A bit more than two weeks ago, three academics released a paper, "Do Energy Efficiency Investments Deliver? Evidence from the Weatherization Assistance Program." The authors' answer to this question was, basically, "No." They found that actual energy savings were around 40% of the savings projected by the building simulation model used to prioritize investments inside the home, and that the costs of repairs outweigh the energy benefits. From there, the authors (or their press person) broadly criticized residential energy efficiency programs: the headline on the authors' website claims - still! - that the "costs of residential energy efficiency investments are double the benefits."
Academic incentives reward provocation, and in that respect the authors were successful. My colleagues Merrian Borgeson, Rebecca Stanfield, and Deron Lovaas explained critical flaws in the study, especially the way the authors included the costs of repairs made for health and safety reasons (furnace replacements to prevent carbon monoxide poisoning are not intended to pay for themselves in energy savings) in their cost-benefit analysis. My old friend Dave Rinebolt from Ohio Partners from Affordable Energy, both Steve Nadel and Marty Kushler from ACEEE, and media outlets like Vox and the New York Times wrote on the study. On Tuesday the authors posted a blog responding to the response.
Two weeks on from the release of the study, what have we learned?
Residential energy efficiency: it's not what people think
The idea that one result from one study - even one with a careful research design - could damn "residential energy efficiency" is absurd. As I wrote here a couple of months ago, electric and natural gas utilities invested around $7.6 billion in energy efficiency programs in 2014, split half-and-half between programs targeting residential customers and programs targeting other customers. None of this utility investment goes to the Weatherization Assistance Program (WAP). Only a portion of it goes to programs like "whole home" retrofits that even resemble WAP. A large portion of utility investment in residential energy efficiency funds programs that help customers easily access efficiency opportunities like LED lightbulbs (at least $214 million in 2013) and efficient consumer electronics and appliances (more than $72 million in 2013), and remove inefficient second refrigerators from the grid (more than $68 million in 2013). Electric utilities now spend more than $78 million a year on programs that provide feedback directly to customers about their energy use. Savings from these programs are most often estimated using randomized controlled methods similar to those the authors use.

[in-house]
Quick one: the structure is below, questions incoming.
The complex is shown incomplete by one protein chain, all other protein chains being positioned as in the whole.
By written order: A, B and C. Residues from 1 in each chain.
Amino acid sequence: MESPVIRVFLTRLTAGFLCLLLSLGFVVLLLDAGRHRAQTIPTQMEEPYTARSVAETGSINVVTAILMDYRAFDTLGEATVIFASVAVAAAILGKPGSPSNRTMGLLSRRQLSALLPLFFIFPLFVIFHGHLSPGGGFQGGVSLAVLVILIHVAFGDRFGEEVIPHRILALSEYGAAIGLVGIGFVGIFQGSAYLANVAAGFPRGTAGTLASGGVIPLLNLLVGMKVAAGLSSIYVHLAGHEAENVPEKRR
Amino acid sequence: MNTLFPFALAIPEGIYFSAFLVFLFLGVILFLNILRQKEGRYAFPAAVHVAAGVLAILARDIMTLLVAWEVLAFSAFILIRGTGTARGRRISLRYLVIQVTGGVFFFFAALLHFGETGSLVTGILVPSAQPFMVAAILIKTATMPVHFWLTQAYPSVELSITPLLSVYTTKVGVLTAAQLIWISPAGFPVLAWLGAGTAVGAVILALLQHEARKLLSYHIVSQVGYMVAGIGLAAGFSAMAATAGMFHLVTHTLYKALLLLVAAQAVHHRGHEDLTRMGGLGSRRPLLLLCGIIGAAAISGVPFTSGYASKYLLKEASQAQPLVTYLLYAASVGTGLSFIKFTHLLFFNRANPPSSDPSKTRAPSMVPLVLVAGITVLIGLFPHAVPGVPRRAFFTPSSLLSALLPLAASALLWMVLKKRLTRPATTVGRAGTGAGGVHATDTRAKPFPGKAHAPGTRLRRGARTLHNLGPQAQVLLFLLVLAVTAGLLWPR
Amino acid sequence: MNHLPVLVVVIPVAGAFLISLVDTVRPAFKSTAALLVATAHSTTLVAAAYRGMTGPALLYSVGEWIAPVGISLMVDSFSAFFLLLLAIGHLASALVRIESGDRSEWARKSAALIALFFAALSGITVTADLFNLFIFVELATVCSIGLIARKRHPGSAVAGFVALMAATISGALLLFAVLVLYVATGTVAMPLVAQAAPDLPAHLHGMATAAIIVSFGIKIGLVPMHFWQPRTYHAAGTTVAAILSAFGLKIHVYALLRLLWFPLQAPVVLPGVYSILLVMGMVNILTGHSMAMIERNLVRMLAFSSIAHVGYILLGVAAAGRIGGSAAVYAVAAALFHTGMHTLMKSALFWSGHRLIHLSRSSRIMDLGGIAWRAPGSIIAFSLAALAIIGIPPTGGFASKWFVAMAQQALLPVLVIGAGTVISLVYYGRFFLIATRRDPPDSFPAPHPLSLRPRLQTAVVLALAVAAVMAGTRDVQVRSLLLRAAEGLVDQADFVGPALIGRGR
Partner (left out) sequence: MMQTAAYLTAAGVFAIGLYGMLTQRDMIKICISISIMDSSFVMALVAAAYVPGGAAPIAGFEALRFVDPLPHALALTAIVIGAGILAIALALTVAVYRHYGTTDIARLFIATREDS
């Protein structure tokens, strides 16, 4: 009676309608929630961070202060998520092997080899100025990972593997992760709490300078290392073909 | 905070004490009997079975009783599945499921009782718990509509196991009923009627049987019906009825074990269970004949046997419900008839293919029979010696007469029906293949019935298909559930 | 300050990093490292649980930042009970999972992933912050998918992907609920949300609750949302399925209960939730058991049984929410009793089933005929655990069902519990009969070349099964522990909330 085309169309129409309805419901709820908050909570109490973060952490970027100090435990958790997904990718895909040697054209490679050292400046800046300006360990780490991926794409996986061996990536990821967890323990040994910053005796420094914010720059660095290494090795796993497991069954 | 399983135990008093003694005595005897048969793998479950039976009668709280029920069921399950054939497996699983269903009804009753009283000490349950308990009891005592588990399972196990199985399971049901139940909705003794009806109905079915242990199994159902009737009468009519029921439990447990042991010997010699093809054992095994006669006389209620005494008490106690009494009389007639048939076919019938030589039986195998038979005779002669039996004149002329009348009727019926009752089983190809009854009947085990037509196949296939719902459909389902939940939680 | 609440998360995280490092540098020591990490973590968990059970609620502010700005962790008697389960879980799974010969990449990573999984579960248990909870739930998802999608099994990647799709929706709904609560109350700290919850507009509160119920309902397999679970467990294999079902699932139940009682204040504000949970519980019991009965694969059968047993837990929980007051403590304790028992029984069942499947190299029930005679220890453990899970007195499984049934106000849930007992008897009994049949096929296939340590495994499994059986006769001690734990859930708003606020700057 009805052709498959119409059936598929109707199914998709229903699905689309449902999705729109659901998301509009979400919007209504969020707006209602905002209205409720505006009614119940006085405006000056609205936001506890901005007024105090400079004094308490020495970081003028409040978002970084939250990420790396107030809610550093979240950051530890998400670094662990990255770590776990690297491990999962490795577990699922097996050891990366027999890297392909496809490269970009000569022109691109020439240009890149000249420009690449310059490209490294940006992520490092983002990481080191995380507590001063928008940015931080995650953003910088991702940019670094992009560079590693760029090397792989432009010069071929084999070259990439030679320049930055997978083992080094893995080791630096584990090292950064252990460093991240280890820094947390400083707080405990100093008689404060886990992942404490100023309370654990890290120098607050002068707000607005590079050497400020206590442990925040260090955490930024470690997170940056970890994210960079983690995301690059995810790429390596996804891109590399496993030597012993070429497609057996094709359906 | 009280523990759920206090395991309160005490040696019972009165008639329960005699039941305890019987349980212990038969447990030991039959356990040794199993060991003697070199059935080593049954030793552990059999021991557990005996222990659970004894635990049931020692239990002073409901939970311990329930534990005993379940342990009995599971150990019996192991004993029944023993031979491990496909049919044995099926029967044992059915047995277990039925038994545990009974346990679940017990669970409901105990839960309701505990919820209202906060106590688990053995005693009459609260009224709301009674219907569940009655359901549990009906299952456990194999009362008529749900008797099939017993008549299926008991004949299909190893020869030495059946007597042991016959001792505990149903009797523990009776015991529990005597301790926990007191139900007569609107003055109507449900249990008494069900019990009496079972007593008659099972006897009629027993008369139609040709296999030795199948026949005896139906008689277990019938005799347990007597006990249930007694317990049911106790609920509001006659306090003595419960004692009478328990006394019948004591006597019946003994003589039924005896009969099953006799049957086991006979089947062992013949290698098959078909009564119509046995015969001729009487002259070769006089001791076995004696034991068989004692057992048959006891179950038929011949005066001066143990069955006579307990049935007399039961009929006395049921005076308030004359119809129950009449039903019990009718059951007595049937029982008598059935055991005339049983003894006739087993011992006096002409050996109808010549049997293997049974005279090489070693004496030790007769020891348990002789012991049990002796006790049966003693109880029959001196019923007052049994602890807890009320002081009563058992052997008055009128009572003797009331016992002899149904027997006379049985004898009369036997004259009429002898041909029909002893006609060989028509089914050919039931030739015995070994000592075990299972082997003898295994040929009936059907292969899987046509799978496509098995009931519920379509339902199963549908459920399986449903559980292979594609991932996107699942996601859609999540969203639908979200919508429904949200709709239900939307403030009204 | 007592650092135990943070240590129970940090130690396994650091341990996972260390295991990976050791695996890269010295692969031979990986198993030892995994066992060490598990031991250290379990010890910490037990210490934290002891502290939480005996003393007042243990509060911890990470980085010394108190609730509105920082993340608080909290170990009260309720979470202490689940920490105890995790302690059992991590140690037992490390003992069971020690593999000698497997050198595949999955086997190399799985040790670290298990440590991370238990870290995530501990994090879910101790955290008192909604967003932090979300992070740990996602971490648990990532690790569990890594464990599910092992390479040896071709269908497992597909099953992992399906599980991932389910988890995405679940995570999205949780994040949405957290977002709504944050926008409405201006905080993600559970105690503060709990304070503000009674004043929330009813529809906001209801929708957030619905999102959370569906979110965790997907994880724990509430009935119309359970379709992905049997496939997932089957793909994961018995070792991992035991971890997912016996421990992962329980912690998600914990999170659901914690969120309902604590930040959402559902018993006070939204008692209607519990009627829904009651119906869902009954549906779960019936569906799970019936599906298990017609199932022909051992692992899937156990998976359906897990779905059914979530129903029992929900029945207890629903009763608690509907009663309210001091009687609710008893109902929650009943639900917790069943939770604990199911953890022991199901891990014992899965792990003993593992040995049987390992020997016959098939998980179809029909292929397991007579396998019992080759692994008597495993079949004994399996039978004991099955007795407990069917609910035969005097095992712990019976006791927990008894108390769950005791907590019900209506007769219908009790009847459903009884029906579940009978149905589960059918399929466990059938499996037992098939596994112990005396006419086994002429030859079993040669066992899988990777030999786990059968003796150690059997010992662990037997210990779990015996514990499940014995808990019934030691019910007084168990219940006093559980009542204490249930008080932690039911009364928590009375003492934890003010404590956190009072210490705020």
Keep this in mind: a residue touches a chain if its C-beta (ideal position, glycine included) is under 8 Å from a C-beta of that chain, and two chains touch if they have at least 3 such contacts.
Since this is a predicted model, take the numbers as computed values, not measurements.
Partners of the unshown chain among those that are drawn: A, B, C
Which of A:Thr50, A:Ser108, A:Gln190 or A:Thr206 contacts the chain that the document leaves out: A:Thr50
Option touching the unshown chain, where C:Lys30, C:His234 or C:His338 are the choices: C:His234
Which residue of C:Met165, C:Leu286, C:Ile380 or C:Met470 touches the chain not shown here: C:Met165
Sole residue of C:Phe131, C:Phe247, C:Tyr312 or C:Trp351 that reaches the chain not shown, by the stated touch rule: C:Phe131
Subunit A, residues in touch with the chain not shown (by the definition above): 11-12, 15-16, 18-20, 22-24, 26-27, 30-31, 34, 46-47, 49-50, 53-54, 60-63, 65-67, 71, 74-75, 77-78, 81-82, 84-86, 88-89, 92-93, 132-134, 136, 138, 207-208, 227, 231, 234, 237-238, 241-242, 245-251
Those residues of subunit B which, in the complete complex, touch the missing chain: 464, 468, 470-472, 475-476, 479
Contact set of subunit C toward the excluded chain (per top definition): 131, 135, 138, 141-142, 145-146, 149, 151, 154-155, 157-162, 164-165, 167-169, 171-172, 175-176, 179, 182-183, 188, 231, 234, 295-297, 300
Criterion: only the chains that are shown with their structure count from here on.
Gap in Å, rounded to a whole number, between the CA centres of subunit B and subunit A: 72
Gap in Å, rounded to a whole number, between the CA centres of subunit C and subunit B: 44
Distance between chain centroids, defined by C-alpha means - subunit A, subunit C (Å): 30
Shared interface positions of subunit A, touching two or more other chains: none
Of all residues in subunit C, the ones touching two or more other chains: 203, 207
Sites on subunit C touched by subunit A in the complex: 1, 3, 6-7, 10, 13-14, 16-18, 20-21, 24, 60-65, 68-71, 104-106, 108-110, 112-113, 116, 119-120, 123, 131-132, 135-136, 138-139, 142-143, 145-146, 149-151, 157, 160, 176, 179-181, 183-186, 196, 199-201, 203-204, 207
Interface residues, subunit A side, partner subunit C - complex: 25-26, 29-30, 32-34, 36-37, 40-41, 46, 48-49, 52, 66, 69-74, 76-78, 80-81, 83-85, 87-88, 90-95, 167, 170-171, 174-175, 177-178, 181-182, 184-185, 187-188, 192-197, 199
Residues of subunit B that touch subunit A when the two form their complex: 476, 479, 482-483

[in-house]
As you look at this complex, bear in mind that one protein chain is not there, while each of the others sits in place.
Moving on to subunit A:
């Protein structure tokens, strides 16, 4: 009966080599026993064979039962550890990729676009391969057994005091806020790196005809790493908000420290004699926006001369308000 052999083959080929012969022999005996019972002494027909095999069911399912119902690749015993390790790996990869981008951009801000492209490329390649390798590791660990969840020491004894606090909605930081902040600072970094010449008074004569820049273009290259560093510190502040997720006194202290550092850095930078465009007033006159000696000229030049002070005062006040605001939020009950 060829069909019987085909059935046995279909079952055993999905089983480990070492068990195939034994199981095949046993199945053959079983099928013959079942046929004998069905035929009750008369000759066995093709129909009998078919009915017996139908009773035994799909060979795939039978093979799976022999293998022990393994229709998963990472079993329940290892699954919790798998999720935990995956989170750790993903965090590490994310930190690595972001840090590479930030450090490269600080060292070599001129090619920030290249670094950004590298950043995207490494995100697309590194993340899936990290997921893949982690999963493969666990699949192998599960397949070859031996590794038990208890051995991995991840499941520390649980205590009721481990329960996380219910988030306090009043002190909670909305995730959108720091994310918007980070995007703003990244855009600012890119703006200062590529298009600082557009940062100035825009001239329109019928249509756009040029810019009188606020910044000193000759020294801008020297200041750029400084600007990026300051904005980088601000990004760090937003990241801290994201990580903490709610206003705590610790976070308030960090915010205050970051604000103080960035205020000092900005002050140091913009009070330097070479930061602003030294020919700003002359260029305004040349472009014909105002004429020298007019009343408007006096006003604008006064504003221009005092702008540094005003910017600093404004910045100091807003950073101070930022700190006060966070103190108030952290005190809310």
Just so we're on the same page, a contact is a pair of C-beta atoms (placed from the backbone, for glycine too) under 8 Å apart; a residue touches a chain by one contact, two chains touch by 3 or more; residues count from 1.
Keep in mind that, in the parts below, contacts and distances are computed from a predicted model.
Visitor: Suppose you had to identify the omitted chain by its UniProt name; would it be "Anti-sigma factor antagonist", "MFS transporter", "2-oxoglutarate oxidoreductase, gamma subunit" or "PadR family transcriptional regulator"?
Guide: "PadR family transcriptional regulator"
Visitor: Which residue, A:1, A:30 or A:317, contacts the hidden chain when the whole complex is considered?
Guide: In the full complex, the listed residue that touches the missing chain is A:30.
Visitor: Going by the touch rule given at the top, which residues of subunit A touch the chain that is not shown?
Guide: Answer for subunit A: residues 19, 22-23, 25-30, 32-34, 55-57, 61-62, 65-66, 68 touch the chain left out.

Marty Kushler makes another good point: we know already that the type of program the authors examined is much more expensive than residential energy efficiency programs generally, for two reasons. First, they are as much about safety and quality of life as energy improvements. Second, WAP pays for the full cost of the repairs, while most energy efficiency programs target customers already in the market for a product and so only need to pay for the extra cost of the efficient version of that product.
There's a pattern, and it's strawman-shaped
The authors compared their experimental estimates of energy savings with estimates spit out by the NEAT software system (an energy model used by local weatherization agencies) and declared that savings were 40% of expected. But, as Dave Rinebolt of Ohio Partners for Affordable Energy (which represents the organizations that implement WAP in Ohio) wrote, the NEAT model is used to prioritize investments in a house, and is not used to measure savings. Oak Ridge National Laboratory will soon release a retrospective analysis of the energy savings impact of WAP, which will be an interesting comparator. We should compare ex-post estimate to ex-post estimate, not the results of a RCT to a building model.